The “gone to ground” blogger…

It’s a glorious Sunday morning. I’ve been awake since 6am. I slowly pulled myself out of bed and headed downstairs to what has become a routine of gauging how my mouth, throat and neck are feeling, along with the rest of my internal workings. It’s a bit like starting up an old pc, it seems to take ages – yes, it’s like logging on for me – on a slow computer!

I haven’t slept too well during the last few days as I’m finding that I need to sit up rather than being able to lie on my side comfortably due to restriction and congestion in my mouth and throat.

Comfort is an important word, here. You lose that sense of comfort we take for granted. You suddenly find yourself uncomfortable and you long to be comfortable again – at ease, if you like. These things become powerful thoughts & motivators to get you back to the way you were before – and not soon enough!

I have adjusted or reduced the medication I am on for a few reasons – I’m not sure but there’s a balance somewhere – It’s not a case of fine tuning but more of a “suck it and see” approach.

Even as I type this, I am struggling with a small glass of water with an added syrup laxative, shaken but not stirred, of course – down the hatch!

My day revolves around trying to eat and drink. You’d think that would be straightforward – what’s the fuss? The big deal? I find Thursdays to Sundays are generally difficult days following the long day of chemo each Thursday. I have a few days of eating a little and also taking my dietary shakes, via my feeding tube, to keep nutritional content up; packed with protein, but they lie heavy yet that’s ok.

My beard is falling out where I am being radiated – that’s a shame, I must say.

My phlegm has turned to glue and backs up in my throat and mouth and I’m constantly clearing the back of my throat which is dry, and rough. The normal act of swallowing is just unpleasant along with my salivary and taste glands which have been blasted too leaving me with a stomach churning metallic odd taste and sensation which all adds to the withdrawal of hunger and appetite along with regular bouts of gagging due to the cumulative effects of the above.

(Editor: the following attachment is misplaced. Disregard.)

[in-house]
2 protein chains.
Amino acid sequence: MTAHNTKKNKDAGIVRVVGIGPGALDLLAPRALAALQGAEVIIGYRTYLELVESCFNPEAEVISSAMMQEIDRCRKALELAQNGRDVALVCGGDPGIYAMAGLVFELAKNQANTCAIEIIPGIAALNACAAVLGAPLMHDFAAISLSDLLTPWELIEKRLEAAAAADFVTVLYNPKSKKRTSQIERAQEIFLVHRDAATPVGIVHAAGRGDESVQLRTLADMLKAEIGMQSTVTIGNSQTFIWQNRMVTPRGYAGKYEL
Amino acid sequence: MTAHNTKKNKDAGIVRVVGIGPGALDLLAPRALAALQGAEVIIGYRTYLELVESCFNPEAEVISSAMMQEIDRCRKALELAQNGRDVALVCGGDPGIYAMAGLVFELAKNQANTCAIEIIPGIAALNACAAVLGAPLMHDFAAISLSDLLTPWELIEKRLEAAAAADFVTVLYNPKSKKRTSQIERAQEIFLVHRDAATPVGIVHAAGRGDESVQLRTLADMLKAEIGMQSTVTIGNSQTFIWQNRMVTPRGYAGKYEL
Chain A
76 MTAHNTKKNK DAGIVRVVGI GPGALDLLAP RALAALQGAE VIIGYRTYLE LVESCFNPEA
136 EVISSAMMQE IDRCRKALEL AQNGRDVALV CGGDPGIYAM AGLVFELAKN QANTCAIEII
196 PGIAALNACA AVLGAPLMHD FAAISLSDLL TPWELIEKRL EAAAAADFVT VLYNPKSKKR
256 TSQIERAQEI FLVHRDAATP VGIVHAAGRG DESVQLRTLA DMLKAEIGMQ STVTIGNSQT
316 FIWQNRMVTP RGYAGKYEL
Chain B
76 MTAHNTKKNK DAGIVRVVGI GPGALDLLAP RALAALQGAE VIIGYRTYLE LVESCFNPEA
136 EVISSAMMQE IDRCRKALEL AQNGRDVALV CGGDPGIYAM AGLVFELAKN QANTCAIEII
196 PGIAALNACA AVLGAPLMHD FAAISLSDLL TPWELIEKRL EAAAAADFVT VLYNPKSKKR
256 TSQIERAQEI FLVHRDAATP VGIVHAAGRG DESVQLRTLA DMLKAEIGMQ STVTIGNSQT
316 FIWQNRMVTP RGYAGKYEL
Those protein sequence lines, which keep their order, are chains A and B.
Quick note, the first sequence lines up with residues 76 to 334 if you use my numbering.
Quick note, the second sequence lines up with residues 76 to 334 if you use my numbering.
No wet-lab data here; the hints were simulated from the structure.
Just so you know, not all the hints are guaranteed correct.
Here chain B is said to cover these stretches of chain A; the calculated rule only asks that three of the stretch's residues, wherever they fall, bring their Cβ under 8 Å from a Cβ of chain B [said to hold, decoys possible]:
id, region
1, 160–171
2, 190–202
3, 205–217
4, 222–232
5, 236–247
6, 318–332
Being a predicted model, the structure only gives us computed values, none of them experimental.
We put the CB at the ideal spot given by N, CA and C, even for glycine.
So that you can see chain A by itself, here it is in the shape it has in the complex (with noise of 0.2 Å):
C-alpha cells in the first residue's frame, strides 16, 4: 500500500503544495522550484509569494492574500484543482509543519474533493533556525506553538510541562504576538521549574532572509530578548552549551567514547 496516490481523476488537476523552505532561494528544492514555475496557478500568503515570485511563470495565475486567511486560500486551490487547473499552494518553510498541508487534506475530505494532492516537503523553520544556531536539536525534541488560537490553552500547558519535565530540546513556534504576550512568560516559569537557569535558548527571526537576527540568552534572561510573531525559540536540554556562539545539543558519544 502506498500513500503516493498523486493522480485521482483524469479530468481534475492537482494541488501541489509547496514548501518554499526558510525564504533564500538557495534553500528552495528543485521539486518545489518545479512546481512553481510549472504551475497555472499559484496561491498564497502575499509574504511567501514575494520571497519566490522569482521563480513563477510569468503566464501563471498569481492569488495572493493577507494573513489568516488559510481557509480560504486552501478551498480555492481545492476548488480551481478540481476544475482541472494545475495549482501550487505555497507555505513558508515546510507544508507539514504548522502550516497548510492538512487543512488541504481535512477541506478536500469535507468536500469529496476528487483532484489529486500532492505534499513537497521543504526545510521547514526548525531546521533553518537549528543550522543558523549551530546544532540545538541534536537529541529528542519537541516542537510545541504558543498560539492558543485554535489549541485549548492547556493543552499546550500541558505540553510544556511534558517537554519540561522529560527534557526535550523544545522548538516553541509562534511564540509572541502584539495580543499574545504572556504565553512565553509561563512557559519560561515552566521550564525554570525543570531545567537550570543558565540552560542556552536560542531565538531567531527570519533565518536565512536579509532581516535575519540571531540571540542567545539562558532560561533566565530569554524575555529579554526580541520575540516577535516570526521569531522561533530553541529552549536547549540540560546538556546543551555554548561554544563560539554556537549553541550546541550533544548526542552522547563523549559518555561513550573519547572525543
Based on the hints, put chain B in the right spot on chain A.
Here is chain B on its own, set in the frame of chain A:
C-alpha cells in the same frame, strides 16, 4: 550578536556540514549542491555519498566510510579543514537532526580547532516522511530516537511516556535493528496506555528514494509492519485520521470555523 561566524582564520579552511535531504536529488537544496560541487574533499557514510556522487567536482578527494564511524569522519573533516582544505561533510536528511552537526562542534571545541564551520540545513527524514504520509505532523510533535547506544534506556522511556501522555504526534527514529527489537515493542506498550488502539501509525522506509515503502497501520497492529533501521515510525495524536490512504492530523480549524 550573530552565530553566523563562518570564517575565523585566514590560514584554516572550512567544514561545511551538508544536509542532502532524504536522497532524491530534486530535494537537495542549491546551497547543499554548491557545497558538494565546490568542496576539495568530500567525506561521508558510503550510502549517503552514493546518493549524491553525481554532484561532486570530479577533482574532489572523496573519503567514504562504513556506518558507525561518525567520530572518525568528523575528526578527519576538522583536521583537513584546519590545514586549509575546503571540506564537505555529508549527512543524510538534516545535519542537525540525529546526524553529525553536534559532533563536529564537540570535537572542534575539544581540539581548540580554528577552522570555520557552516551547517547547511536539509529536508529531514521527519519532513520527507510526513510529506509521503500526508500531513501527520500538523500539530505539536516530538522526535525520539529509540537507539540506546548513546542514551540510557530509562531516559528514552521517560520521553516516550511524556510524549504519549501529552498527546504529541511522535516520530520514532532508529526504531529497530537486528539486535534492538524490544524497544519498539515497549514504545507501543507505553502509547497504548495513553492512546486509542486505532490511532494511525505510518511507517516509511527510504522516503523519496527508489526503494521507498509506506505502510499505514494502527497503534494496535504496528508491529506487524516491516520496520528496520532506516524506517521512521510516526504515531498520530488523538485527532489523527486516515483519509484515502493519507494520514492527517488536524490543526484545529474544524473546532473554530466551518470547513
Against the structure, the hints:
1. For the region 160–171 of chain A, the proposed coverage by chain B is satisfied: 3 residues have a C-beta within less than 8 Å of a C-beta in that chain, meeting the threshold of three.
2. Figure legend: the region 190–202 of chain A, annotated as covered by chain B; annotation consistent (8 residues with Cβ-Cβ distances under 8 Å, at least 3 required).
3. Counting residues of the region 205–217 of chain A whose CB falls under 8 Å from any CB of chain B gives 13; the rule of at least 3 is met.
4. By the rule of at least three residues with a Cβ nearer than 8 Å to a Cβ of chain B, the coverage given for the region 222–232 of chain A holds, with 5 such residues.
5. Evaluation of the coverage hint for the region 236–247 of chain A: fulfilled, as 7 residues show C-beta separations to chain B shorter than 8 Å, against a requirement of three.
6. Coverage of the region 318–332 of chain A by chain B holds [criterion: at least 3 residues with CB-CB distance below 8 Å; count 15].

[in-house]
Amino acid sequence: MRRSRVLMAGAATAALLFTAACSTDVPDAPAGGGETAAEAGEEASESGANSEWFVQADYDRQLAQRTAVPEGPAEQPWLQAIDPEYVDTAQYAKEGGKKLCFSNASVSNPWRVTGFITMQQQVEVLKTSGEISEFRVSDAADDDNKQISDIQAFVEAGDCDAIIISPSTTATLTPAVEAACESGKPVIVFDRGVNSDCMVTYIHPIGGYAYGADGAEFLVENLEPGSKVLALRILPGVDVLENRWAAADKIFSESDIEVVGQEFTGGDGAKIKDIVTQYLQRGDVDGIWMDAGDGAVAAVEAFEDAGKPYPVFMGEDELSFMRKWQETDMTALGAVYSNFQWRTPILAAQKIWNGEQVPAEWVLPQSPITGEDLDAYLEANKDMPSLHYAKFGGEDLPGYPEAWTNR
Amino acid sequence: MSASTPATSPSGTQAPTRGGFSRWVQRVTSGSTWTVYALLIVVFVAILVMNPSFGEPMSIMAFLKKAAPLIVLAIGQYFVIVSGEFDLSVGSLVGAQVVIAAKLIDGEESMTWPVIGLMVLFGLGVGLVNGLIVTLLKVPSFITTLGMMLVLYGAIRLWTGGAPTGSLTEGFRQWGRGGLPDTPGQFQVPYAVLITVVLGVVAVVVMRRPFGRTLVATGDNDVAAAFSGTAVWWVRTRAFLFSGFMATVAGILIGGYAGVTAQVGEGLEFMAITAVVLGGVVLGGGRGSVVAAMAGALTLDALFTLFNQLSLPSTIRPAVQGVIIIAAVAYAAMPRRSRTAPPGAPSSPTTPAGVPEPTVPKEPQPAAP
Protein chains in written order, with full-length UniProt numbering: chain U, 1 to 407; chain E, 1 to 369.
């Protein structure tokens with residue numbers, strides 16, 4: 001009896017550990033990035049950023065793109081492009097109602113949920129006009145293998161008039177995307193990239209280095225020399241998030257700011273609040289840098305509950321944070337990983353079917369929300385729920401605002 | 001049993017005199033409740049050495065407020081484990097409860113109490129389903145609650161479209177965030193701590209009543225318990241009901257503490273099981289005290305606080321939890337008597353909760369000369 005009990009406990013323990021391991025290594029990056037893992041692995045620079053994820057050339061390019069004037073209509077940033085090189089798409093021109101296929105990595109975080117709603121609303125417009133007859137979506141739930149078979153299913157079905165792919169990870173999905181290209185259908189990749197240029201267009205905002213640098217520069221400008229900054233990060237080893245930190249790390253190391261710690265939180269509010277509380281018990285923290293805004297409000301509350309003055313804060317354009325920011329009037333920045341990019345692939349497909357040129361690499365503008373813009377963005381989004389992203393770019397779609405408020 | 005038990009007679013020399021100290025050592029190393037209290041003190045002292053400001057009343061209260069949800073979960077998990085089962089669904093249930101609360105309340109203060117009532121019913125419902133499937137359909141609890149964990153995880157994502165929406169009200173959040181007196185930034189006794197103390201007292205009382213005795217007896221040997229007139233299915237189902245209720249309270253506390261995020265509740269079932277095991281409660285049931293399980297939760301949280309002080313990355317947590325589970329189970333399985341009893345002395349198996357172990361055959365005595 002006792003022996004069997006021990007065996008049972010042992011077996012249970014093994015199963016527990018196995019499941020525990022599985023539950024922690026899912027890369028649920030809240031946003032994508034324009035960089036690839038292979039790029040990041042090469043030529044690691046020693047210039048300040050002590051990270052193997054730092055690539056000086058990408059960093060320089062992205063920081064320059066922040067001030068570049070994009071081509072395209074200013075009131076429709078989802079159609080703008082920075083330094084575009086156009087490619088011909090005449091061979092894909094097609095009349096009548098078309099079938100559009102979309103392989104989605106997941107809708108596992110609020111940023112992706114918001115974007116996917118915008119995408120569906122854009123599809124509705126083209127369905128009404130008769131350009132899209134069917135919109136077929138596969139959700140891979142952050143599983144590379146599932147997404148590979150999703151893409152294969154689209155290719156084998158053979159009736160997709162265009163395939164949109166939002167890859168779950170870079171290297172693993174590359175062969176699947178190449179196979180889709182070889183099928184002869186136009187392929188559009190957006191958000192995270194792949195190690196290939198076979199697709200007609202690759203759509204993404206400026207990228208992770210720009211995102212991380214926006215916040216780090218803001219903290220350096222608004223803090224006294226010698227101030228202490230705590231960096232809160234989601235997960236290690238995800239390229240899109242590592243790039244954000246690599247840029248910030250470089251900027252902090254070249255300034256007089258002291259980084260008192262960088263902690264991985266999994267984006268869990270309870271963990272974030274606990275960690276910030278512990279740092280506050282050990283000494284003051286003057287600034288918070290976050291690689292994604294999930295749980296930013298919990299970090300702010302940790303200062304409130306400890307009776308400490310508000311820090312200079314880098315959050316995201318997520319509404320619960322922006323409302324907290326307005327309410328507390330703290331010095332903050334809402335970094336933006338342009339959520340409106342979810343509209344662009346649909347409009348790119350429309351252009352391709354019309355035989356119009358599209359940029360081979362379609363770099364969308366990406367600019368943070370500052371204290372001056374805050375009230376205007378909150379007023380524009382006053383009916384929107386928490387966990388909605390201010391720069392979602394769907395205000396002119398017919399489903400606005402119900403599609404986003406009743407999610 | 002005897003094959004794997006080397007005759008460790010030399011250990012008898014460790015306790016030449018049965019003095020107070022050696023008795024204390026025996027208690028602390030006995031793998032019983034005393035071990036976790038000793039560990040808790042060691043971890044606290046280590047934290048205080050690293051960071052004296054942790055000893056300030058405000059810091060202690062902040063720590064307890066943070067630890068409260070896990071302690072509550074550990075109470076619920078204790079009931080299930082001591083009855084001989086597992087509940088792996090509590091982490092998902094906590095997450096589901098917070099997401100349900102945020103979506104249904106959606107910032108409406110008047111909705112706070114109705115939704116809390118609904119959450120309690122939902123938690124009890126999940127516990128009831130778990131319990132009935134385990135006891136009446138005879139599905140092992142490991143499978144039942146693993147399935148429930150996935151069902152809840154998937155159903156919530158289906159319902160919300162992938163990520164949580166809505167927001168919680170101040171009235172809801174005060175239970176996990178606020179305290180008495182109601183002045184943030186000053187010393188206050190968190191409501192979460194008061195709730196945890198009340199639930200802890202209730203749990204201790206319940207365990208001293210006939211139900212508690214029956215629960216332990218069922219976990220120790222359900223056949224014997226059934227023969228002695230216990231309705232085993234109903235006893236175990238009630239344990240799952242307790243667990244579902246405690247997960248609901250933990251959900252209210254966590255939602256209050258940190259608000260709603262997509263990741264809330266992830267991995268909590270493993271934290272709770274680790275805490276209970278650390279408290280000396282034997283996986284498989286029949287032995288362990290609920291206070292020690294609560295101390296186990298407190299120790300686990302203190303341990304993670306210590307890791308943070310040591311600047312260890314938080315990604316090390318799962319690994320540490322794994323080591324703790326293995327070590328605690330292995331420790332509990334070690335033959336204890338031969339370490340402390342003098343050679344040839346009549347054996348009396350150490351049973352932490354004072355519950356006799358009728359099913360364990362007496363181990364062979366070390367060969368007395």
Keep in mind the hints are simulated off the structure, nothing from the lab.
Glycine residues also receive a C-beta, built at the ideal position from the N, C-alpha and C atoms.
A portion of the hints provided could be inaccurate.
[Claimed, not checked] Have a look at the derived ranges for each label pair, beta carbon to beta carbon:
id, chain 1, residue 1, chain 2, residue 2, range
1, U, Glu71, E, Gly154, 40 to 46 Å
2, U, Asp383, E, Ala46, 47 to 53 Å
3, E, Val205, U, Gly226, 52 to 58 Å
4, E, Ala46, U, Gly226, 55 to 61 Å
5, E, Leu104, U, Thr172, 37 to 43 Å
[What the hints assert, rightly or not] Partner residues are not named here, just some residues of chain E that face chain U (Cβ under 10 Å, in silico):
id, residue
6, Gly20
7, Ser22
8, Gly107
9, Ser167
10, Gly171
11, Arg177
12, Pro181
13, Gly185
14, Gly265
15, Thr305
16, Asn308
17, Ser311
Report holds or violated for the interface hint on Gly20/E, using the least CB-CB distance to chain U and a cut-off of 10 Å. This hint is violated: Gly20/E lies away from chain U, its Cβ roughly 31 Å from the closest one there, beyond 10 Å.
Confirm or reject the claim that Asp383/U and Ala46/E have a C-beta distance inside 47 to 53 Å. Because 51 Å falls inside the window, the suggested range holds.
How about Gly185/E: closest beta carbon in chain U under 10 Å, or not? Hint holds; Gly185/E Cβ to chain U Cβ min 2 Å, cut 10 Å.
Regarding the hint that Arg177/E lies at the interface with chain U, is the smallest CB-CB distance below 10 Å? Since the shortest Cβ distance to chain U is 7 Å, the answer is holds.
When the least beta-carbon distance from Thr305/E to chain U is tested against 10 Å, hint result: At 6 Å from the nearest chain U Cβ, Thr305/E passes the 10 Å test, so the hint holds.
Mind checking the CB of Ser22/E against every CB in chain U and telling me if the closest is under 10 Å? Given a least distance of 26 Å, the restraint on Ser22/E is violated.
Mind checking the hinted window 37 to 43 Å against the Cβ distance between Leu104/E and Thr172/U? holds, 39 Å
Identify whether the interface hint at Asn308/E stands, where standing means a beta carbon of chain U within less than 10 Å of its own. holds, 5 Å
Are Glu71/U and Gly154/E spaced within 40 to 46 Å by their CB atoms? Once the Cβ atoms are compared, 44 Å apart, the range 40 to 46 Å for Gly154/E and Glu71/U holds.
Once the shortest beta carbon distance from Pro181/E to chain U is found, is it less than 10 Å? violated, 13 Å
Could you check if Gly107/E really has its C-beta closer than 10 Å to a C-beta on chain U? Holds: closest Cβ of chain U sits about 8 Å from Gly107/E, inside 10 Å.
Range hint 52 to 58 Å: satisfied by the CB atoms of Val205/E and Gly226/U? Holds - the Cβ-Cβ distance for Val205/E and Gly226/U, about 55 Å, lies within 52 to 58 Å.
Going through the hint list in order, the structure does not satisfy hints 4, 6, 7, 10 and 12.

The accumulative effects of radiation are also making my skin tingly around my neck and shoulders, becoming hot and sore which I’ll manage as I go along.

So, it’s a struggle for me this week, it’s painstaking and ,as stronged willed as I can be, still difficult along with the fatigue and the lack of proper sustenance.

There’s a chap at the hospital who I started talking to and we’ve exchanged numbers and will hook up when we are both ‘normal’ again for a good meal at some point in the months ahead. He is finishing his treatment this coming week, so he is 2 weeks ahead of me. He has been quite an inspiration and has been giving me little tips about things to watch for, and how to look after yourself – he is a real trooper; Thanks Vic!

There’s an anxiety attached to this on the more serious note of not losing too much weight and not having my treatment delayed. I have lost weight and you see it around my face – my mask around my jaw has loosened and adjustments have to be made. I had a review with a radiographer on Friday which was reassuring and positive though – uplifting.

Some days, I sit perched on my bed looking out onto the world, passing by. I am there with my thoughts, in my own solitary world and that’s ok – I think about the passage of time and being in a temporary space that’s just not conducive to being part of that world, outside of my bedroom window – I’m not ready yet; accepting to rest and recuperate as much as I can, as much as I need to.

It’s a sort of self imposed solitary confinement – me, myself and I. I think part determination and part accepting of my circumstances without getting too bogged down with the circumstances.

I know I am in the process of being treated but it is easy just to reflect for a few seconds, as I enter the hospital, or sit perched on my bed having that lovely feeling of being ‘healthy’- catching yourself and saying, “I am feeling pretty damn good today” – I look forward to that moment.